Will we soon be a cashless society?

11 February 2021
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Have you ever wondered what it would be like to never use cash again? No more ATMs on our high streets, no loose change languishing down the back of the sofa, and no pennies under the pillow when the tooth fairy comes to visit. It may sound farfetched, but this could become a reality sooner than we think.
 
The idea of a cashless society is one of several topics we discuss in our up-and-coming series of complimentary online speaker events called Invested in the Future. Ahead of the Future of Money event, we examine what moving to a cashless society could mean in practical terms, and how such a fundamental change to the way we live will inevitably bring benefits and concerns in equal measure.

A world without cash

The global pandemic has accelerated the adoption of contactless payment as retailers were forced to decline cash payments to help prevent the spread of the virus. But despite that, we have been gradually moving away from physical currency for many years thanks to online banking, contactless payment, secure payment apps like PayPal, and the arrival of devices that enable instant payment, such as smartphones and watches.
 
Indeed, in 2009 cash was used for 58% of all payments in the UK. By 2019, that figure had dropped to 23%[i]. The total value of digital financial transactions is set to grow by 12.8% a year[ii] to £341 billion by 2025, and mobile point-of-sale payments (such as ApplePay, Google Wallet and Samsung Pay) are set to grow 22% a year[iii] to £171 billion by 2025.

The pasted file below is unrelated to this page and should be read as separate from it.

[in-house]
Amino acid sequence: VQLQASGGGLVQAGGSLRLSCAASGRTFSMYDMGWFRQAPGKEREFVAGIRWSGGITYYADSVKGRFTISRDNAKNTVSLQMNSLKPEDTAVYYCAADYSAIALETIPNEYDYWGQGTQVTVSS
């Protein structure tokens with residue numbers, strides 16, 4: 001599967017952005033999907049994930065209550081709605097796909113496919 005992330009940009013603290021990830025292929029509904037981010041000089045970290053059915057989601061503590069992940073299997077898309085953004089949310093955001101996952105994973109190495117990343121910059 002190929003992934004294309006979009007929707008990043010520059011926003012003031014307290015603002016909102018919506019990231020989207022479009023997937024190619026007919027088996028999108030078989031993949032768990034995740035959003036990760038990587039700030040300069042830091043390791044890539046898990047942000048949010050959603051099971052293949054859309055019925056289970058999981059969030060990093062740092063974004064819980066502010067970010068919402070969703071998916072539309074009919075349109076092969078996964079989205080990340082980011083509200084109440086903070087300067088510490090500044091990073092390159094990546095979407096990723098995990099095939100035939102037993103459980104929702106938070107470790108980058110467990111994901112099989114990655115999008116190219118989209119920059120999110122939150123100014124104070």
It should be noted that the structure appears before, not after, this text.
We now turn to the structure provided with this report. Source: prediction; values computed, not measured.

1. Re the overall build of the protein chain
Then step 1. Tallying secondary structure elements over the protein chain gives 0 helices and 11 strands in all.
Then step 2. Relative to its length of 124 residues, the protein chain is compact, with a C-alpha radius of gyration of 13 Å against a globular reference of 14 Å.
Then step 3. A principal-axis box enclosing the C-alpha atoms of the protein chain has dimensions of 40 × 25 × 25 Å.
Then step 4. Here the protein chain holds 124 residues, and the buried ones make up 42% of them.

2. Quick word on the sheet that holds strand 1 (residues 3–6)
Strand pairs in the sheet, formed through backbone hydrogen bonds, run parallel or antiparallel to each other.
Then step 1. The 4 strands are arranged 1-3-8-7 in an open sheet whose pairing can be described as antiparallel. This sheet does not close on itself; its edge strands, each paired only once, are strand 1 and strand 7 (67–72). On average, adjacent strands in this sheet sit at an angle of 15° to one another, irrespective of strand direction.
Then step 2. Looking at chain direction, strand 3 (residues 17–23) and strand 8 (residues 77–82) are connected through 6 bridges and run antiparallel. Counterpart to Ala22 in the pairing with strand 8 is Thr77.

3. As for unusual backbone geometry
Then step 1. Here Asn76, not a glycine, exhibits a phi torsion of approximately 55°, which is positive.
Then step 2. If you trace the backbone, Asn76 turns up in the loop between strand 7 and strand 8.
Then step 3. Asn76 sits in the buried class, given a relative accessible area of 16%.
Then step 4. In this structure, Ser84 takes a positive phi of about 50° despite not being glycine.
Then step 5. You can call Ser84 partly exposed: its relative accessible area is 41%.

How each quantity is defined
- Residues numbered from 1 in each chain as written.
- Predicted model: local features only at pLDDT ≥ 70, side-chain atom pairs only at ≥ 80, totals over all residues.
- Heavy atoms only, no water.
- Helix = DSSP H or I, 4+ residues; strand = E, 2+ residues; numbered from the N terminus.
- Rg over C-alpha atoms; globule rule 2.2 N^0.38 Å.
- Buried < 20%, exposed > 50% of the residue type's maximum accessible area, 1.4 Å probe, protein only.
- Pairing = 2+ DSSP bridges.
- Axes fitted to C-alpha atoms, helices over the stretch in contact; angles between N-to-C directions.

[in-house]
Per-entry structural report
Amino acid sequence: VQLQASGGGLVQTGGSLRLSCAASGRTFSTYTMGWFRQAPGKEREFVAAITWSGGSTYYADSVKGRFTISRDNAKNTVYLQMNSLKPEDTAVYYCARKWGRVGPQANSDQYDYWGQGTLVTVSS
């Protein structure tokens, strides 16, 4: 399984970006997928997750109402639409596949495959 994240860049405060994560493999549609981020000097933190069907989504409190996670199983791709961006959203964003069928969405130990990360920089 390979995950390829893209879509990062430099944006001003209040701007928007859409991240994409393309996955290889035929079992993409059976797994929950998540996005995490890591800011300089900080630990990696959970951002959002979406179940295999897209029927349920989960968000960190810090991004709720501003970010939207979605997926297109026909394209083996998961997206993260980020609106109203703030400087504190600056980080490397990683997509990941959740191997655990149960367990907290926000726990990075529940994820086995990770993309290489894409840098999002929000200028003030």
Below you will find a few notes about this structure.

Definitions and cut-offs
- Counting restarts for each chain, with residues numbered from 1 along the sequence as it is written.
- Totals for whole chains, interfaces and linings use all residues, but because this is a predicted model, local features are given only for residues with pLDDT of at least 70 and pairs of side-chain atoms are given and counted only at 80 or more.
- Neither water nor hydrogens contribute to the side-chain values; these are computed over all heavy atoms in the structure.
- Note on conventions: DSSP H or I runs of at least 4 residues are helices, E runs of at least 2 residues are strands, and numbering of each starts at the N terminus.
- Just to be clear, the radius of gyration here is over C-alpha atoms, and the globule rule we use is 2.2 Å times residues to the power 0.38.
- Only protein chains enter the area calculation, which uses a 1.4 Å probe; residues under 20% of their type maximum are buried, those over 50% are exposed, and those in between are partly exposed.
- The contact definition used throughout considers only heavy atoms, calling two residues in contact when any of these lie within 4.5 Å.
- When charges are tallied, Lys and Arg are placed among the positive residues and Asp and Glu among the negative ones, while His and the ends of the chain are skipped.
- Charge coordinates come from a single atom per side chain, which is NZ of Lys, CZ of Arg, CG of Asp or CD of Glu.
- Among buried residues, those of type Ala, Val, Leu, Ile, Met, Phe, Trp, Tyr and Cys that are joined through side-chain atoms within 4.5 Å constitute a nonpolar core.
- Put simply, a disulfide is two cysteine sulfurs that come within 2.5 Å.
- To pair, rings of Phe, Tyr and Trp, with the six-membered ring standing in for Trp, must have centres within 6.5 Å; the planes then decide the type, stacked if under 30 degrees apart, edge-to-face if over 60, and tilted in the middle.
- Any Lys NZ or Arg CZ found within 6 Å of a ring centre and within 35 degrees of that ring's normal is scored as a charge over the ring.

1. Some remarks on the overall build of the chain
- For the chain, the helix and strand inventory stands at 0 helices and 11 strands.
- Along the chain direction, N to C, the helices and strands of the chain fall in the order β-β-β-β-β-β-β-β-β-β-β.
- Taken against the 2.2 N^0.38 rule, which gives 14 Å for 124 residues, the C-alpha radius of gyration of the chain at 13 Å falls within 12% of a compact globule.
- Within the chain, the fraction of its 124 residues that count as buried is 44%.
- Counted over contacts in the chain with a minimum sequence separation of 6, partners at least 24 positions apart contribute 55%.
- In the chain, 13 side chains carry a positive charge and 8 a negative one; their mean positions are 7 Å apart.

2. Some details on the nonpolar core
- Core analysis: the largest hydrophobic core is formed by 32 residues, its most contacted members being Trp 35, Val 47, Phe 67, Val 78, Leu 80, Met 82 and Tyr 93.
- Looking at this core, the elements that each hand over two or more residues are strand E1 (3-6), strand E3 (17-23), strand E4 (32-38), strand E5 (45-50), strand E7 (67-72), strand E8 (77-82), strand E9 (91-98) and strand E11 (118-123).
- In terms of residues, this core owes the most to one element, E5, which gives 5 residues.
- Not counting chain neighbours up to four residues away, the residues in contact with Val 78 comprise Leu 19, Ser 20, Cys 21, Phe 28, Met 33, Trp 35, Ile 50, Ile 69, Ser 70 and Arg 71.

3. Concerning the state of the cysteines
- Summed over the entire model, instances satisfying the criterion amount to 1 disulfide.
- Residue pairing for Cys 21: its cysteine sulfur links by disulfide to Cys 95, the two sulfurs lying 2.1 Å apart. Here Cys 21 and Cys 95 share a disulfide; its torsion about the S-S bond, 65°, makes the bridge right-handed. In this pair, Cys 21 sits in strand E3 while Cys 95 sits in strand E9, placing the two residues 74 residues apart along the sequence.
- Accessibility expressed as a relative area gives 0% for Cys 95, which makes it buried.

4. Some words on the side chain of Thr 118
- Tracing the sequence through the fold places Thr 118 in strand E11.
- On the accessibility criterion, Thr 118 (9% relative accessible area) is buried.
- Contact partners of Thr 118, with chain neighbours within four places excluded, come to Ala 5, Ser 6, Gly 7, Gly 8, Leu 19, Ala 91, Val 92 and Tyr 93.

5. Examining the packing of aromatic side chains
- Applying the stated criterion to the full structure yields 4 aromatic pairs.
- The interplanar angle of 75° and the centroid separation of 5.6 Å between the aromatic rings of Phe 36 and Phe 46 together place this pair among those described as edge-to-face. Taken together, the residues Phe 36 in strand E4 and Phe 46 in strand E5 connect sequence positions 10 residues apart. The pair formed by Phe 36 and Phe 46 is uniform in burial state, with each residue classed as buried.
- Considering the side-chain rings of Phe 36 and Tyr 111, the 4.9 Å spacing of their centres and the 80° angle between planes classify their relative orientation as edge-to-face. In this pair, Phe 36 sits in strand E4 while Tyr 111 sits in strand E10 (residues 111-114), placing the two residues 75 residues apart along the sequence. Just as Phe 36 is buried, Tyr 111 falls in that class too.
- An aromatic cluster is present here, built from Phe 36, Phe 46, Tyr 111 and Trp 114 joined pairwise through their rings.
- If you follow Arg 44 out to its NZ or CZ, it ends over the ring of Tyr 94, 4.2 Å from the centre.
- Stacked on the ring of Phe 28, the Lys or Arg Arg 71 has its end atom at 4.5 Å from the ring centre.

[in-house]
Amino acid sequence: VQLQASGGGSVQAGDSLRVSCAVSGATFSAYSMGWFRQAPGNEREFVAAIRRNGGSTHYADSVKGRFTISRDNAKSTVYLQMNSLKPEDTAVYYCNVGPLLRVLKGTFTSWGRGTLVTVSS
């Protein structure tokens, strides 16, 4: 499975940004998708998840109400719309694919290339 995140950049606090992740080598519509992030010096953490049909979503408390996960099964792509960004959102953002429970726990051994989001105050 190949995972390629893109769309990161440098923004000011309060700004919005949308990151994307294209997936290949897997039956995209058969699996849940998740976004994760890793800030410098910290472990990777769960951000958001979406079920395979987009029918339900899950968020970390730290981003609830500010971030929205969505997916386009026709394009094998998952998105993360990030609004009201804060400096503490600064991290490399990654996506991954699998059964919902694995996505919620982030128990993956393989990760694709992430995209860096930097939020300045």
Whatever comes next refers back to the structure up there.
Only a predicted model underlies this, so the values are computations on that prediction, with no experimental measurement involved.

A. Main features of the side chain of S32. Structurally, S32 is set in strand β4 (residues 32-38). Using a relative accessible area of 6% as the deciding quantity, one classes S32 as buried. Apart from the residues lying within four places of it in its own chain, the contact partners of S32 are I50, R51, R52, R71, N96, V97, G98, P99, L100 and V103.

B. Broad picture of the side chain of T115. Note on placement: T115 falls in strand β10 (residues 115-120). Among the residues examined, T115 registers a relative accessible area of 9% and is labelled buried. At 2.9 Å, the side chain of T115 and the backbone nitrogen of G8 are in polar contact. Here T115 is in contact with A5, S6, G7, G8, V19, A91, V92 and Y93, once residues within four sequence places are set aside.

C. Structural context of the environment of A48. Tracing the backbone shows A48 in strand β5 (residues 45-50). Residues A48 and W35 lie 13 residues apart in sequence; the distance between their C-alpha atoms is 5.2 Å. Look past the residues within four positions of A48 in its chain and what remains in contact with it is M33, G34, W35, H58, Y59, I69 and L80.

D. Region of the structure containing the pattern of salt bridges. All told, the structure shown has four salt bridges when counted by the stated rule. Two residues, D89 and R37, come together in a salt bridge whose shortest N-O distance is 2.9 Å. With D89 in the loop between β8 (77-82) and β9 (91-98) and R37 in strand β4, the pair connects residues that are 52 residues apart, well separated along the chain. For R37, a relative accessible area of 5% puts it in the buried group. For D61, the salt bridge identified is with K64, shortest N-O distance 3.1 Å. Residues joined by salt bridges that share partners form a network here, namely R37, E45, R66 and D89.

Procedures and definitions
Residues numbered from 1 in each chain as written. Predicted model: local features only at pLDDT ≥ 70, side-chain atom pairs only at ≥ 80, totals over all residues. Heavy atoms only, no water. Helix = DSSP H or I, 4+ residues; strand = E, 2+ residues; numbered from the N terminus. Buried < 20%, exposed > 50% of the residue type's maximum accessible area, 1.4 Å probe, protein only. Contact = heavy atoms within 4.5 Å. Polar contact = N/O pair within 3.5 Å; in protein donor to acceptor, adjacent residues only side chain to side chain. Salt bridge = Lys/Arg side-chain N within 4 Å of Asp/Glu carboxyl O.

In addition, the advent of digital currencies such as Bitcoin or Facebook’s ‘Libra’ (which launches next year) could mean that more of us will soon be juggling different currencies via our mobile wallets.
 

The pros and cons of a cashless society

But with a significant change in consumer behaviour and widespread adoption of new technology, benefits and concerns will inevitably surface along the way:

Hygiene

  • Physical cash is known to be responsible for the transmission of infectious disease, and the recent pandemic will accelerate the need to move away from handling money. However, pin pads on payment machines are also breeding grounds for germs, meaning minimum contactless transaction amounts will continue to increase. This could heighten the risk of theft until retinal or facial recognition becomes commonplace, like Alibaba’s ‘Alipay’, which introduced “smile-to-pay” facial recognition at point of sale in China.

Financial crime

  • According to the National Crime Agency, money laundering costs the UK as much as £100 billion a year.[iv] Moving to digital financial transactions will make it harder for drug cartels, terrorists and other criminals to hide money. Similarly, with fewer people carrying money, personal robbery crime could decrease – particularly in poorer countries and areas of society.
  • Counterfeit notes could also become a thing of the past! According to the Bank of England,in the first half of 2020, around 94,000 counterfeit banknotes with a face value of £2.1 million were taken out of circulation[i].
  • On the other hand, a new kind of threat emerges. Cybercrime is a global issue, and protecting our money from scammers and hackers is a key concern for banks, businesses and consumers. As criminal activity becomes increasingly sophisticated, security systems will need to keep pace in protecting our data and accounts from fraud.

Data mining